The received wisdom is that Betty Hutton hammed her way through Annie Oakley's love-hate relationship with Frank Butler, while Day exhibited adorable élan in portraying Calam's determination to prise Wild Bill Hickok away from maid-turned-chanteuse, Katie Brown. Yet, Day is every bit as guilty of gnawing the scenery as Hutton. However, she hadn't committed the cardinal sin of replacing Judy Garland.
A 1147-show run had persuaded MGM to spend a record $650,000 in acquiring Annie Get Your Gun as Garland's next big showcase. But, having spent most of 1948 on suspension battling her addictions and mental problems, the 26 year-old was in no stage to tackle her first radical departure from the patented Garland persona. Musical director Roger Edens first noticed that she was struggling to connect with the material when she came to record her nine songs. But it was the stress of working with the aggressive Busby Berkeley that prompted the breakdown that led to six bouts of electro-shock therapy.
However, Garland returned to work, only to lose her nerve again after viewing some disastrous rushes. Berkeley was dismissed the following day and Garland rallied briefly under the more solicitous supervision of Charles Walters. But she knew she was wrong for the role and, after enduring six days filming `I'm an Indian, Too', she was fired for her unprofessional attitude to a picture that had already cost a small fortune.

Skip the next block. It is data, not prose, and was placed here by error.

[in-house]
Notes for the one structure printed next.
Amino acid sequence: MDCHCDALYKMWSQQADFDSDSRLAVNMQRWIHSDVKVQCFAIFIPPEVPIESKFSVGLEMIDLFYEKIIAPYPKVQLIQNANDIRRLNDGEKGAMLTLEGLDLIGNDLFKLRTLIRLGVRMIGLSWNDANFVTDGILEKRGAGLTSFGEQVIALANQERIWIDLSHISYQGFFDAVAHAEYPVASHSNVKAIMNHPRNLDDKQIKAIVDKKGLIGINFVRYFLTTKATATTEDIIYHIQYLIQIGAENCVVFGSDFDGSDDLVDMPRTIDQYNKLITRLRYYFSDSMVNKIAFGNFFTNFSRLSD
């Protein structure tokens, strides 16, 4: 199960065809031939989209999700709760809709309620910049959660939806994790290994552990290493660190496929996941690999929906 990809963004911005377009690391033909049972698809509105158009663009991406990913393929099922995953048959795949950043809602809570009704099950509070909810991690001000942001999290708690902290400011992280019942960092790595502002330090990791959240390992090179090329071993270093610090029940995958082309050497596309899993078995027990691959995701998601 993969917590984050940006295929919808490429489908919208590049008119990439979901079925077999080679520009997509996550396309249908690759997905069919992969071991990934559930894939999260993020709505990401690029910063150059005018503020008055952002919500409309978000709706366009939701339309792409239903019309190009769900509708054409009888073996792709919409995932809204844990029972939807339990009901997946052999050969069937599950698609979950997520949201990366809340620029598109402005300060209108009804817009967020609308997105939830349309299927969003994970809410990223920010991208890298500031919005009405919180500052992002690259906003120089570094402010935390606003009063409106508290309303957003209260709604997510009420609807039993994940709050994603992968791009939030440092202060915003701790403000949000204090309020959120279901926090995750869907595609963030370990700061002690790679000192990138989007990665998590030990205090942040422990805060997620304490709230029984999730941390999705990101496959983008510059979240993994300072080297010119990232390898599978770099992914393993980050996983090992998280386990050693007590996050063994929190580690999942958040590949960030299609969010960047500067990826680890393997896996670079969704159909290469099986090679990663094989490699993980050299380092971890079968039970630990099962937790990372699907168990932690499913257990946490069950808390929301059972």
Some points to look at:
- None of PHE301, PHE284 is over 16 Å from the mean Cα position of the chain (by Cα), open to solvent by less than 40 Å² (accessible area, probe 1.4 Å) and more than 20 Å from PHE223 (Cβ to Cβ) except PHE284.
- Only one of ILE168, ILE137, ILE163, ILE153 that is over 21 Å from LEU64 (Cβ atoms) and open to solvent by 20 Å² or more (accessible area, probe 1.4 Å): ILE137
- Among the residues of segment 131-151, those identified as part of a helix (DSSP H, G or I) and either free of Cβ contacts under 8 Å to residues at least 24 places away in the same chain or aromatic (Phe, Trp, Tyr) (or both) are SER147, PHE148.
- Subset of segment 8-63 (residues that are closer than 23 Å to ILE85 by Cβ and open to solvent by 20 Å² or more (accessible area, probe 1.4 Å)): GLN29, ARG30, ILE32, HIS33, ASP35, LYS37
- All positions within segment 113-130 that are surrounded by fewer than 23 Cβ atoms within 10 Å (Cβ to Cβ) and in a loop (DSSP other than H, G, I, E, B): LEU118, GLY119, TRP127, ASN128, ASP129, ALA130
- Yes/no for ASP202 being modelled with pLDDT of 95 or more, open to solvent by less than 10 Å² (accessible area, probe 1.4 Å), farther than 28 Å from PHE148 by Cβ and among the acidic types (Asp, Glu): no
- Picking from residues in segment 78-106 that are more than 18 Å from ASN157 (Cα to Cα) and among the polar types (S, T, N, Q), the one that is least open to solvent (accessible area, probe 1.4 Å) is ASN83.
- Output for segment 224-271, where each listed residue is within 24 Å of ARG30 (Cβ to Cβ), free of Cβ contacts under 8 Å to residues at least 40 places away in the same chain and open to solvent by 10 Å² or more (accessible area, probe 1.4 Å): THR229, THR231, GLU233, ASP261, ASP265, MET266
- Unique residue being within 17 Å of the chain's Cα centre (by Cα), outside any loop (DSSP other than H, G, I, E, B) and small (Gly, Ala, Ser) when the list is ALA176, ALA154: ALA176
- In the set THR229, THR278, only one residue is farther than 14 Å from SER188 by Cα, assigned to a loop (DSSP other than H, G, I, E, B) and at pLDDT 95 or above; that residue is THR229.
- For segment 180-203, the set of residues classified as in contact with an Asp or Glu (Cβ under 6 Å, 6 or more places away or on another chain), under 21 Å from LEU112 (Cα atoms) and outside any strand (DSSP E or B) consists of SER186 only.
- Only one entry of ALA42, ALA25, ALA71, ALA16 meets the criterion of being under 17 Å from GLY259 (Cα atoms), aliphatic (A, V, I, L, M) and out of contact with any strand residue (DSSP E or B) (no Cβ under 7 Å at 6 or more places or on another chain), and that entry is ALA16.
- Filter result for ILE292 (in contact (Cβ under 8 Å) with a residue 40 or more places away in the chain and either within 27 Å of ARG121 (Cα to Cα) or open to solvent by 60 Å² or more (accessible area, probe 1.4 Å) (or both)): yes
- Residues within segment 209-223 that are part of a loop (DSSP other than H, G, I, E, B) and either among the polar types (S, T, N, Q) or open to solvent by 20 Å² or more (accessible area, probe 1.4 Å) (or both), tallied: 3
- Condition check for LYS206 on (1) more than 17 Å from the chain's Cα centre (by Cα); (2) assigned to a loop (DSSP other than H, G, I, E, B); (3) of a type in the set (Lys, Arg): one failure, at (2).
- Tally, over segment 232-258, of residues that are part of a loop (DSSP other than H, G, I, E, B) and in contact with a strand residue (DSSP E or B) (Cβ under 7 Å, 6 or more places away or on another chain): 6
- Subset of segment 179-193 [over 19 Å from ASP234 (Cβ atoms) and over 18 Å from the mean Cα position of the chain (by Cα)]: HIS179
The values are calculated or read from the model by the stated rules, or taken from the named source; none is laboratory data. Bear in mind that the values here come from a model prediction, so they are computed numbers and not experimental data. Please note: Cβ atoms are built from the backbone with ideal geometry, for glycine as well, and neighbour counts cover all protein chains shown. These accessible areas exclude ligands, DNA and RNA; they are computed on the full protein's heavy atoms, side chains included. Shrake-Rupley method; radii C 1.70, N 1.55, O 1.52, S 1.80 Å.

Producer Arthur Freed initially considered Betty Garrett as Garland's replacement, as she possessed something of the gusto that Ethel Merman had brought to the 1946 stage production. However, Garrett's agent botched the negotiations and Freed opted to loan Betty Hutton from Paramount, even though many MGM insiders were sceptical, especially as Doris Day, Judy Canova, June Allyson and Ginger Rogers all supposedly coveted the part.
Indeed, on-set morale was morbidly low, as not only had Walters been callously replaced by George Sidney, but Walter Plunkett's costumes been discarded, Sidney Sheldon's script had been revised to accommodate the comic routines that Hutton had insisted replaced Robert Alton's more complex dance numbers and the entire score had been recast in Hutton's range. Yet, Sidney and Hutton approached their tasks with vigour, as they felt they had something to prove to their detractors. Moreover, Howard Keel (who had avoided much of the chaos, having broken his ankle in falling from his horse on the second day of filming) was keen to make a good impression in his first Hollywood musical. Thus, they threw themselves into the project, with Hutton bursting through the screen during such Berlin showstoppers as `You Can't Get a Man With a Gun', `Doin' What Comes Natur'lly' and `I'm an Indian Too', while also more than holding her own against Keel on `Anything You Can Do' and the anthemic `There's No Business Like Show Business'.
Costing $3,768 million, Annie Get Your Gun grossed over $8 million on its initial release and its 1956 revival. It also earned Edens and Oscar Deutsch Academy Awards for their scoring. But, while audiences warmed to Hutton's courageously exhilarating efforts, the critics detected a desperation in her performance that was exacerbated by Keel's Eddyesque stiffness. However, this unfairly disparaged gem is long overdue reappraisal, as it not only remained true to its source, but it also added plenty of cinematic spectacle, most notably during the rousing finale. Yet Garland's plight served to emphasis how short MGM was of genuine vocal talent and, while this eventually proved to be one of the Freed Unit's most profitable pictures, it also exposed the first inklings of the crisis that, within a decade, would decimate the movie musical.